Sometimes, for the sake of the long-term health and prospects of a division, a certain fighter needs to win and a certain fighter needs to lose.

On Saturday (December 2) at UFC 218, this process of evolution applies to the heavyweight fight between MMA veteran Alistair Overeem and relative neophyte Francis Ngannou. It’s a fight both want to win; a fight both need to win. But it’s also a fight most people watching – outside of Overeem’s friends and family and team – hope Ngannou wins. Not because he’s the nicer guy. Not because he’s more popular. Not because he’s from Cameroon. No, what lies behind the Ngannou goodwill has less to do with personality traits and more to do with the fact he, unlike Overeem, represents new blood and the future of a division that is worryingly stale and old and in danger of coughing and spluttering to a complete standstill.

Without Ngannou in the heavyweight picture, we’re left with a group of men in their mid to late-thirties who have been around the block more than once and have the scar tissue and fragility to prove it. Stipe Miocic, the current champion, is 35, but fresh and ambitious enough to trigger some positivity. He’s not the issue. It’s those surrounding him, those gunning for him, that help to give the division something of a vintage look. Overeem, the top contender, is 37; Werdum, the number two, is 40; Velasquez, at three, is 35 and has done the rounds; Mark Hunt, a place below Ngannou at five, is 43.

In amongst this lot, Ngannou, 31, appears positively brimming with youth, vigour and hope. What’s more, he is new to the scene and has yet to face any of these men. He hasn’t been there and failed. He’s not on the comeback trail. He hasn’t been defeated and then recycled. Instead, this is his very first run – meaning we don’t yet know how good he is – and that in itself brings an excitement the heavyweight division has lacked for some time.



None of this is Alistair Overeem’s fault, mind. He’s winning fights the way he used to win fights, albeit in a more cautious manner, and continues to confound the doubters who assumed he was finished following stoppage defeats to Antonio Silva, Travis Browne, Ben Rothwell and, most recently, Stipe Miocic. For years Overeem was considered damaged goods; vulnerable to anyone with so much as a decent punch. But still he marches on – a run indicative of the heavyweight division’s shallowness and Overeem’s determination – and still he lurks within spitting distance of a UFC heavyweight title.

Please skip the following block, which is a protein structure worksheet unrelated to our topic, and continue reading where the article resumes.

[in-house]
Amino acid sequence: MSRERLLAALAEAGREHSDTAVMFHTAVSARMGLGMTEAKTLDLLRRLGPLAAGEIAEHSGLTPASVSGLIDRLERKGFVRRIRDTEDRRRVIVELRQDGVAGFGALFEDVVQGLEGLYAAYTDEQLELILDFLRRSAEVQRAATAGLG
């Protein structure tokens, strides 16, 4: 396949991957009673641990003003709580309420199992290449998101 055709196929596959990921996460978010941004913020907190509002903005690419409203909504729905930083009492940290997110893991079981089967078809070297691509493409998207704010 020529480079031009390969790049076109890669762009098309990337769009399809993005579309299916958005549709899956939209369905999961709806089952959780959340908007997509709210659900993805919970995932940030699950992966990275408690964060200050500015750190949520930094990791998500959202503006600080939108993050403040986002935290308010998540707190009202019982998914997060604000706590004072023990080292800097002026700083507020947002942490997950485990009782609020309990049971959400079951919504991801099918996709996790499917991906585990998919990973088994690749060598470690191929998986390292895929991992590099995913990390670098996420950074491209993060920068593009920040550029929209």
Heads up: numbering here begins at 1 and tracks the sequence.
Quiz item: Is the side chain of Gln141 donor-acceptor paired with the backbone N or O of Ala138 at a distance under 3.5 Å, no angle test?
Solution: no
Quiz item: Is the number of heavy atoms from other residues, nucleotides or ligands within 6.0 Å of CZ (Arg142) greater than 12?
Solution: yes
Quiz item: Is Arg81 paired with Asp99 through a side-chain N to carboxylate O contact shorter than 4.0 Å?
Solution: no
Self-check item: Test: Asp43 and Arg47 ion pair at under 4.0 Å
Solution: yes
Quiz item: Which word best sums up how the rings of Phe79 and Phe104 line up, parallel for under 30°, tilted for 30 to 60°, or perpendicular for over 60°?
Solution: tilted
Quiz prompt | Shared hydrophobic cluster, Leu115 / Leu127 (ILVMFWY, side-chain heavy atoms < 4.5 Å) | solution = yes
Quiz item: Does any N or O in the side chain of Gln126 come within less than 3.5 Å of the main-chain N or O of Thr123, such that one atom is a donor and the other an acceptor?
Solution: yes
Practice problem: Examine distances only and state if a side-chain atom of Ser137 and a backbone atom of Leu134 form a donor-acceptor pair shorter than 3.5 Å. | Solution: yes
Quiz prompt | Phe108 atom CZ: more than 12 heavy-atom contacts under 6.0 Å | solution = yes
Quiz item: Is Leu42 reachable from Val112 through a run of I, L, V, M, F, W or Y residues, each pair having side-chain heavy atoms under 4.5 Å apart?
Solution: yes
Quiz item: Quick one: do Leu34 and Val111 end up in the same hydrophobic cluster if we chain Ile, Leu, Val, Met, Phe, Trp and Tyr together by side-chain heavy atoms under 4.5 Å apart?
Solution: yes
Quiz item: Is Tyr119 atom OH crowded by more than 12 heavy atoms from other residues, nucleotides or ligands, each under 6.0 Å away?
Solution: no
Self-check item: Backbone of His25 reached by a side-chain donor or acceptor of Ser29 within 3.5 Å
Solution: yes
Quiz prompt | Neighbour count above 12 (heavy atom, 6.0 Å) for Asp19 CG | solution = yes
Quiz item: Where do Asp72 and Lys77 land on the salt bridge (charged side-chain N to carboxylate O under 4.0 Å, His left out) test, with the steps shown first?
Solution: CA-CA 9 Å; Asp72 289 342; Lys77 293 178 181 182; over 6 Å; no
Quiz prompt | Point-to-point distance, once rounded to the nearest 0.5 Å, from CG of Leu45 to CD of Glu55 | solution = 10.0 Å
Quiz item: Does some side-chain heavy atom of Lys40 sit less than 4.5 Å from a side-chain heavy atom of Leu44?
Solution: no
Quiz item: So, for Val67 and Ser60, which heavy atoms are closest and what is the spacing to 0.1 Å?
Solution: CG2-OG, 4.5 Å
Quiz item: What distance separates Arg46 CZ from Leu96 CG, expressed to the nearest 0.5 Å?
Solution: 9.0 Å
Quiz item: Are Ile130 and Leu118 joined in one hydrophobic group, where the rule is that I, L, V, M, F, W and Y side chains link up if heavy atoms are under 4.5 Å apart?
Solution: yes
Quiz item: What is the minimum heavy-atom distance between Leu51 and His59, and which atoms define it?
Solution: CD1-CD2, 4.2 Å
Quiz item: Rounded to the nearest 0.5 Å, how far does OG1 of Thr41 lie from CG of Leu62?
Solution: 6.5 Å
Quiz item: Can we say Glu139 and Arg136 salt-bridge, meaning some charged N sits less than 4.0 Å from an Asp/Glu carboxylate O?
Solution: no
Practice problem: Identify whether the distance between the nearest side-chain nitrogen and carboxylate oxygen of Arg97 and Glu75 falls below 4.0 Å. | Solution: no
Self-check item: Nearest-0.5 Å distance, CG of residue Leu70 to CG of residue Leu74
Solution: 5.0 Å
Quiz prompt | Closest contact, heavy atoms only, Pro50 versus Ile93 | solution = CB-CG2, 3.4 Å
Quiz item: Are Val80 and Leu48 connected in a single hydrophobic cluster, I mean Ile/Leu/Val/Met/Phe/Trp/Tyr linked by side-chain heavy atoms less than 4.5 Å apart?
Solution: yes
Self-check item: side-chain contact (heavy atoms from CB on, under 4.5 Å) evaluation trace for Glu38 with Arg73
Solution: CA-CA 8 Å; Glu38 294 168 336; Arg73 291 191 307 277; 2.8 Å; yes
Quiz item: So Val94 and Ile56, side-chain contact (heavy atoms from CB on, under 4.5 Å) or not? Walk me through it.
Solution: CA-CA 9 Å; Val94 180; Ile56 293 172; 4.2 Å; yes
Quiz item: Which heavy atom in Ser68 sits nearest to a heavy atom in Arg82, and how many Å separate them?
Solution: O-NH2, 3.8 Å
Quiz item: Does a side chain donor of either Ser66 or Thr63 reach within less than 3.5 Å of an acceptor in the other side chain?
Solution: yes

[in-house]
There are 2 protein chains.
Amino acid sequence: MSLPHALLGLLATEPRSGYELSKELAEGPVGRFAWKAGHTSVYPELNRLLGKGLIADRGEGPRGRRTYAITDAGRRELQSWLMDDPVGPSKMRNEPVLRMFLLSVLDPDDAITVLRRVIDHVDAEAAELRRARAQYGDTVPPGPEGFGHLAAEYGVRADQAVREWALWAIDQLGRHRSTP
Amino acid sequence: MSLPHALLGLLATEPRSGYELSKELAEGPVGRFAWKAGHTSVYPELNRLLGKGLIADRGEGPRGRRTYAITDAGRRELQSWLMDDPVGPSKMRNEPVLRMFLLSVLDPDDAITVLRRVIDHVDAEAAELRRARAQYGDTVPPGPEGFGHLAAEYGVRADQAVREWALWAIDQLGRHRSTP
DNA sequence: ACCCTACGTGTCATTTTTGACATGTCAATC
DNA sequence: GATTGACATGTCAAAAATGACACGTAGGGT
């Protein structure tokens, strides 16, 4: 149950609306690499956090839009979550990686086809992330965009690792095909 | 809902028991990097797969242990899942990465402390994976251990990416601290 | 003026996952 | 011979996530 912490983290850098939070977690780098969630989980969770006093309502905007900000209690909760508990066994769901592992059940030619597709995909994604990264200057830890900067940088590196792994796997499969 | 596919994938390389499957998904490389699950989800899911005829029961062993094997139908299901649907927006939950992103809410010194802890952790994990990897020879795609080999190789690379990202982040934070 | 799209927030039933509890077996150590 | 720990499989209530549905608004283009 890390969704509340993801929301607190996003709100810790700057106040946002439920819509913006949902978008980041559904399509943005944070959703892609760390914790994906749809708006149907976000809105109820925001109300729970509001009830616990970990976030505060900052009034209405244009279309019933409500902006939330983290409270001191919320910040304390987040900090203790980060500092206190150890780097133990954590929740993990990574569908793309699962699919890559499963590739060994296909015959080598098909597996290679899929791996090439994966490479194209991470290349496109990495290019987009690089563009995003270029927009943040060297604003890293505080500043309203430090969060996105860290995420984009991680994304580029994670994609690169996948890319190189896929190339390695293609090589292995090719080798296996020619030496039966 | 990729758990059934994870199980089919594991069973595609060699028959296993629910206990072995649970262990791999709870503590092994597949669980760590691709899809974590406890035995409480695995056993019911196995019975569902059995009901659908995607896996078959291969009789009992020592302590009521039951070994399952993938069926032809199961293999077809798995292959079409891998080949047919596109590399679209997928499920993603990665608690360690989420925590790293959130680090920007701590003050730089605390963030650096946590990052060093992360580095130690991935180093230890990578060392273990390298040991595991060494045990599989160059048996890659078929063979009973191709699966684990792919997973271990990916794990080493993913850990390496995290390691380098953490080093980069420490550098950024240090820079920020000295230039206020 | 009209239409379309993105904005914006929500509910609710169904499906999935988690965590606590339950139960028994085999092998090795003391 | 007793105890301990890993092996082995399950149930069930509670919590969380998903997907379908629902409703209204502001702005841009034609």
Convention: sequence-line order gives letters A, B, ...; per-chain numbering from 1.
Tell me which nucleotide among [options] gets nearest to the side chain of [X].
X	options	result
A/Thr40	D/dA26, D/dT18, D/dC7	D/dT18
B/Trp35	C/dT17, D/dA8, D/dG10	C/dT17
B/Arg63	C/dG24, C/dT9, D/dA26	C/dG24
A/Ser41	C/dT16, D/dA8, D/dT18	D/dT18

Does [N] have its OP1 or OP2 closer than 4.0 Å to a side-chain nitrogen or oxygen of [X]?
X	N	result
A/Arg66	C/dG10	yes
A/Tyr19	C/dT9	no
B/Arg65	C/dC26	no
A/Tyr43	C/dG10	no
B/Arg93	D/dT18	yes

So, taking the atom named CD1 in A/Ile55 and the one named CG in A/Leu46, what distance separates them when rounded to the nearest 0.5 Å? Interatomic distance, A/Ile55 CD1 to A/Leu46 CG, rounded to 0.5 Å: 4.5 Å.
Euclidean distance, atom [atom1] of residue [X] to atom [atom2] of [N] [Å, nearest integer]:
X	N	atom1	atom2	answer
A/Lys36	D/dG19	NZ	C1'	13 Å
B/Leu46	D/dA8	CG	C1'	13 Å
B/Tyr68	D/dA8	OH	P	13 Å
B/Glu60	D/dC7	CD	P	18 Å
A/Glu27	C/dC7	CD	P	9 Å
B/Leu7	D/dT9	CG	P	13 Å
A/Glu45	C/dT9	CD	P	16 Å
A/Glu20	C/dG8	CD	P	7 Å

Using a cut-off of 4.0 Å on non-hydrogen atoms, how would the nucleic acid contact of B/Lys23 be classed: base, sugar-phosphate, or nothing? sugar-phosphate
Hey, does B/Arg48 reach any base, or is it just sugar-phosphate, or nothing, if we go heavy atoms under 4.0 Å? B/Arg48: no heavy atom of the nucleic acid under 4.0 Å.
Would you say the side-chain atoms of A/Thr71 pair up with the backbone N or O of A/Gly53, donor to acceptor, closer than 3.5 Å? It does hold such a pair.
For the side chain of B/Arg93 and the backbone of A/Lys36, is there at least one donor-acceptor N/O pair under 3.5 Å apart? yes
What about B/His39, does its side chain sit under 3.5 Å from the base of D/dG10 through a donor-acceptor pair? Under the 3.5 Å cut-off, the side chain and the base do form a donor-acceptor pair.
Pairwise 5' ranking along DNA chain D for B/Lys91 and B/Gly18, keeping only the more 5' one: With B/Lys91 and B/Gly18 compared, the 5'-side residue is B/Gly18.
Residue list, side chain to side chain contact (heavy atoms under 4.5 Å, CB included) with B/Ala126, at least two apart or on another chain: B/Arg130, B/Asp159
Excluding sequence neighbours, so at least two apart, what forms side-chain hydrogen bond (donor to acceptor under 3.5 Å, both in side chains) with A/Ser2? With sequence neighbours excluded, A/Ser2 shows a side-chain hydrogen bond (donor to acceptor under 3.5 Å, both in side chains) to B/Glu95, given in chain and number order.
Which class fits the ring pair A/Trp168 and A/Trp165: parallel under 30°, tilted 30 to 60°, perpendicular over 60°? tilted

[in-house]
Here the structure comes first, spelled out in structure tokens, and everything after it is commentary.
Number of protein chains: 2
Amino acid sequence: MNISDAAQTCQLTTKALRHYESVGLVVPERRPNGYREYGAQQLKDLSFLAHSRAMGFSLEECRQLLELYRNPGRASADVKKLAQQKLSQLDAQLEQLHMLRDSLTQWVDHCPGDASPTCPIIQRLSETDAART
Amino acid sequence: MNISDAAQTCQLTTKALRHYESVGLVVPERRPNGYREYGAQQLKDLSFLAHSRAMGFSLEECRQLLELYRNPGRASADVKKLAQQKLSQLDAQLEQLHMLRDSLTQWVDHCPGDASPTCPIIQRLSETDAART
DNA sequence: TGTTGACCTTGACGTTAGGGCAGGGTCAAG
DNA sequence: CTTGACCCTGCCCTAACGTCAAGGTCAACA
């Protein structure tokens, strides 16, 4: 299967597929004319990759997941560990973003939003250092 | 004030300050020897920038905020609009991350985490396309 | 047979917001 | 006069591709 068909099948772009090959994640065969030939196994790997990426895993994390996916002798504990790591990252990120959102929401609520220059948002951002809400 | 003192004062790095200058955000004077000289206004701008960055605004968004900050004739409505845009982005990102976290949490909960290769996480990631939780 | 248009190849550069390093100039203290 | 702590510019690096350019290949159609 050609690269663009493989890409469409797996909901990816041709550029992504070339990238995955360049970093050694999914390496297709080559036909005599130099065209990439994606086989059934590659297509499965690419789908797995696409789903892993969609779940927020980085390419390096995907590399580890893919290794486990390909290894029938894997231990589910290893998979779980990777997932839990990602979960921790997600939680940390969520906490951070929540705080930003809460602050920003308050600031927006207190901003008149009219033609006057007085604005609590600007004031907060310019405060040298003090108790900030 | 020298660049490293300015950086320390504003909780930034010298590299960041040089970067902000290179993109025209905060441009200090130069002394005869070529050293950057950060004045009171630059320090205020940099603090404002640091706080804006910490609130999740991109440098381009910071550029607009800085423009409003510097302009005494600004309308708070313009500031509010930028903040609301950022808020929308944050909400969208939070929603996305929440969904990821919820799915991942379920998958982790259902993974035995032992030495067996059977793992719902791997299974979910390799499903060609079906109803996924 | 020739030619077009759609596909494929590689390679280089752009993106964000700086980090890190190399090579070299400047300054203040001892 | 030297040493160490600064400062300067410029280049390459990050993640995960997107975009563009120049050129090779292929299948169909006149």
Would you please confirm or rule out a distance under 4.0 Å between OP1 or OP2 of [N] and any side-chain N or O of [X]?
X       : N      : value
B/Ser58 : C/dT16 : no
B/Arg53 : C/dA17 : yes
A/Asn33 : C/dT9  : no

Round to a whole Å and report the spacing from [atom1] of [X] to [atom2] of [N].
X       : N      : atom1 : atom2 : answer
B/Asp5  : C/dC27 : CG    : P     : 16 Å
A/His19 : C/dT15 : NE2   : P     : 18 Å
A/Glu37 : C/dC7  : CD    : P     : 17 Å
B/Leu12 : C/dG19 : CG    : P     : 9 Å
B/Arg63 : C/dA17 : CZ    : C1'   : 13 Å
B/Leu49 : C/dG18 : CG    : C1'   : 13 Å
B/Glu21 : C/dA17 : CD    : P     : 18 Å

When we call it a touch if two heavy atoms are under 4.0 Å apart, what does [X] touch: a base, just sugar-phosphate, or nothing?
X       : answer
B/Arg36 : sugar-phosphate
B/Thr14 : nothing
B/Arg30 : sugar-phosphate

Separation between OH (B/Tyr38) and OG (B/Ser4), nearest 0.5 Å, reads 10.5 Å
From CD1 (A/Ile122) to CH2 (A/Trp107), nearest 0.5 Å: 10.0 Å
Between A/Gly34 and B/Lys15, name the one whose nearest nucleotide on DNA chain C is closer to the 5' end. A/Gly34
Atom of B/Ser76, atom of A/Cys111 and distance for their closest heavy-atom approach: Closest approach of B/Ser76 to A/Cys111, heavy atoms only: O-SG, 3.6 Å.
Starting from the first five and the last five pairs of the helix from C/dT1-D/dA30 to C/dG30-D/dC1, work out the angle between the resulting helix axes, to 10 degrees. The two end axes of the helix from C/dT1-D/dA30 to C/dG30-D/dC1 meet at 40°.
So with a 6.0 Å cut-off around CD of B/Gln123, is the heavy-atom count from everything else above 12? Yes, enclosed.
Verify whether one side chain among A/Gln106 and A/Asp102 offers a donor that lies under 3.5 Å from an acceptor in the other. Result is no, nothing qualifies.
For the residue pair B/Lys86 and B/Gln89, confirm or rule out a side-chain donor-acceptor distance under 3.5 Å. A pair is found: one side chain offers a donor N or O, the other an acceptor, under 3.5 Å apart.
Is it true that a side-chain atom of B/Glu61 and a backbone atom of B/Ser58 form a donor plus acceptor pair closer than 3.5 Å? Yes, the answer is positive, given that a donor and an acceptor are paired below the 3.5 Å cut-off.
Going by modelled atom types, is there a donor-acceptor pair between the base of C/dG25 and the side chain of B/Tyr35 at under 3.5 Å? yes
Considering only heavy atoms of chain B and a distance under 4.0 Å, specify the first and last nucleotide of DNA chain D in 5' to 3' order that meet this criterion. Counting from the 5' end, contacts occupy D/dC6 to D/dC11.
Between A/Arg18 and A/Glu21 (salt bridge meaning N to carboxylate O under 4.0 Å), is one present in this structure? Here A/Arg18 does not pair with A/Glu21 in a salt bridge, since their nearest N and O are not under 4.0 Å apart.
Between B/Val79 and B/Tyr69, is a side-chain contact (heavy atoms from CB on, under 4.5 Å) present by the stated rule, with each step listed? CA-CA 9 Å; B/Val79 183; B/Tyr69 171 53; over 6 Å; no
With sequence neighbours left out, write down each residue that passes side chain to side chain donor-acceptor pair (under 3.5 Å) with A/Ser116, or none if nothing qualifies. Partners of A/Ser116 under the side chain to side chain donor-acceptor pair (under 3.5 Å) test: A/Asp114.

Beat Ngannou on Saturday, thus derailing the latest heavyweight hype train, and Overeem will be well within his rights to call for the next shot at the belt. He’s already conquered Werdum. And Hunt. And dos Santos. In fact, the only heavyweight in his vicinity he hasn’t been able to defeat is the current champion, Stipe Miocic. For personal reasons, then, he’ll want a UFC heavyweight title AND revenge at some point in 2018.

But who wants to see a rematch between Miocic and Overeem? Their first fight, which took place in September 2016, was certainly dramatic, what with Miocic getting dropped by a left hand, but still it ended conclusively in the opening five minutes. (All it took were a few ground strikes from Miocic to land on Overeem’s jaw.) It didn’t scream rematch, that’s for sure, and the possibility of a repeat one day happening owes more to a lack of other options – new faces, new challenges – than any great need or desire to see these two men, Miocic and Overeem, together in an Octagon for a second time.

Which is why, on Saturday night in Detroit, Francis Ngannou holds the key to unlocking doors previously off-limits in the heavyweight division. With victory, ‘The Predator’, unlike Overeem and the other veterans circling, can take the weight class in a new direction, spruce it up, and play his part in matchups we have yet to see. Best of all, he’s young enough and seemingly good enough to stick around for a while, amount to more than just a flash in the pan, and represent an exciting ying to Stipe Miocic’s yang.